Fireworks Escape To The Wild

Backyard fireworks party, unknown location, Nov 2012 (photo from Wikimedia Commons)

3 July 2020

Municipal 4th of July fireworks celebrations are canceled in Pennsylvania because of COVID-19 but that doesn’t mean there won’t be any explosions. Amateurs have been setting them off in neighborhoods and fields ever since the weather turned warm. Complaints are blossoming as fireworks “escape to the wild.”

In 2018 a new Pennsylvania fireworks law permitted Class-C “consumer grade” aerial fireworks like those shown below. This released a firestorm of complaints from residents, local firefighters and police — and complaints this year from New York City.

The city ballpark in my Pittsburgh neighborhood has always been a magnet for amateur fireworks activity so we’ve learned to cope. Some call the police (who can’t do anything if the fireworks are legal). Meanwhile we wait for the noise to go away. The birds wait, too.

Find out how wild birds cope with fireworks in this vintage blog: What Do Birds Think of Fireworks.

(photo from Wikimedia Commons; click on the caption to see the original)

p.s. M-80s, cherry bombs and similar explosives are still illegal under federal law.

Not The Soap Opera We Thought

Ecco with Morela at the Pitt peregrine nest, 3 March 2020

2 July 2020

This spring the unresolved rivalry between two male peregrines — Terzo and Ecco — at the Cathedral of Learning made for a disappointing nesting season but generated a lot of speculation. Now that we know more about the Downtown peregrines we can lay one bit of speculation to rest.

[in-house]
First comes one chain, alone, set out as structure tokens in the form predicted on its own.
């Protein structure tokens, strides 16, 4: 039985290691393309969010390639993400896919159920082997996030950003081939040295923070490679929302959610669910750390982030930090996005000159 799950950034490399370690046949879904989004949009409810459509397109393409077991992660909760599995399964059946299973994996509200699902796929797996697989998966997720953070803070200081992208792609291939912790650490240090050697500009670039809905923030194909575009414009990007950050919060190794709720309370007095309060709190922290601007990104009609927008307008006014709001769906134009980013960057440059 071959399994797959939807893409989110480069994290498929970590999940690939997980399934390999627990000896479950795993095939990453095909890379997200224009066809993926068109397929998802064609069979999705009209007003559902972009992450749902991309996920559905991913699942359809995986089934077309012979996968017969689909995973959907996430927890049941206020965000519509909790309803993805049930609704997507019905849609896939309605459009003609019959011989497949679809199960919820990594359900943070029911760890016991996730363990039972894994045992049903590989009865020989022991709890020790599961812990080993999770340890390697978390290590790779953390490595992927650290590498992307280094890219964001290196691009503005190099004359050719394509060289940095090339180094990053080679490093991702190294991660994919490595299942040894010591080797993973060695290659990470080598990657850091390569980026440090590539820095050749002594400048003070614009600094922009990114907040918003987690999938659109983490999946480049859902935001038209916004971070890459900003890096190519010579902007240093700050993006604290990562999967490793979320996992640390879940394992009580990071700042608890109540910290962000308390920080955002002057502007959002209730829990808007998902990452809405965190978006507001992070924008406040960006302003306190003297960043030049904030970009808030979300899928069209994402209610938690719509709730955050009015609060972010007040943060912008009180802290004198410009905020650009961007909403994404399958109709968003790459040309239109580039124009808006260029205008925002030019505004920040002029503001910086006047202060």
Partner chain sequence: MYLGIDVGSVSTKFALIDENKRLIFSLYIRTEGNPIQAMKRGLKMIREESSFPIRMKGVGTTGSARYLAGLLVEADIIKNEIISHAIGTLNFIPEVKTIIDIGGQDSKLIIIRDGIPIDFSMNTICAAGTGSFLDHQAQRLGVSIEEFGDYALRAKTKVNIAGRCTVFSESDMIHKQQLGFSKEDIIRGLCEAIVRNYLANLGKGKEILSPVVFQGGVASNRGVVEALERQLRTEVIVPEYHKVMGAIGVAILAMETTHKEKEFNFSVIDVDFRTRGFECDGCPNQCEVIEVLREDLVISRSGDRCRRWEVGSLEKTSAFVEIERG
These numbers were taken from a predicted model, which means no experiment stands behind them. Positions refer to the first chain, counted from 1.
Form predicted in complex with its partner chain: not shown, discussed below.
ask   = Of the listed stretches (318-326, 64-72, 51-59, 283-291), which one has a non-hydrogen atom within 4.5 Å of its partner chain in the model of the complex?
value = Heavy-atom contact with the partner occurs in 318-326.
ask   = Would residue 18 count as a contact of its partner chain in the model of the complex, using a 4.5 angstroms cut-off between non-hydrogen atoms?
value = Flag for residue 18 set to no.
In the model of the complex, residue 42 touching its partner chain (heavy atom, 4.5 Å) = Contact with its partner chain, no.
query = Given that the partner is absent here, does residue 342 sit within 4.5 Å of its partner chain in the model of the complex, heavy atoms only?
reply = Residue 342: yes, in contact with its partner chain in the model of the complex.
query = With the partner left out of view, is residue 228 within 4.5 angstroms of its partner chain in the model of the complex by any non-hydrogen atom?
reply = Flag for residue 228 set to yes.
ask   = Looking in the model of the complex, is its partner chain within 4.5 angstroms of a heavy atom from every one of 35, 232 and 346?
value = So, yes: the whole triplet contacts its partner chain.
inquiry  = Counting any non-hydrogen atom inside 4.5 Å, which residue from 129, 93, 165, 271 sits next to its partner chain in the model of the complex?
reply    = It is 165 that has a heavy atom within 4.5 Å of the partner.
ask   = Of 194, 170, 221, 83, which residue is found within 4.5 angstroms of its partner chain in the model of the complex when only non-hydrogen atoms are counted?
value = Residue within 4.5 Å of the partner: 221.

Back on 15 March when Terzo and Ecco’s rivalry was spinning like a revolving door, I was surprised to see the Downtown female peregrine Dori appear on camera at Pitt. At the time I couldn’t help wondering, “Is the unbanded male Dori’s new mate who is shopping in Oakland because he doesn’t like the Downtown site?” … This led to speculation that Ecco was two-timing between the two nests. No, he is not.

Ecco has not been two-timing between Pitt and Downtown because (1) he’s not Dori’s mate and (2) he would have been way too busy Downtown to visit Morela at certain critical times.

Dori’s mate: On 28 June we learned from Lori Maggio’s photos that the Downtown male peregrine is banded. (Ecco is not banded.)

Adult male peregrine with silver colored right leg band, Downtown Pittsburgh, 2020-06-28 (photo by Lori Maggio)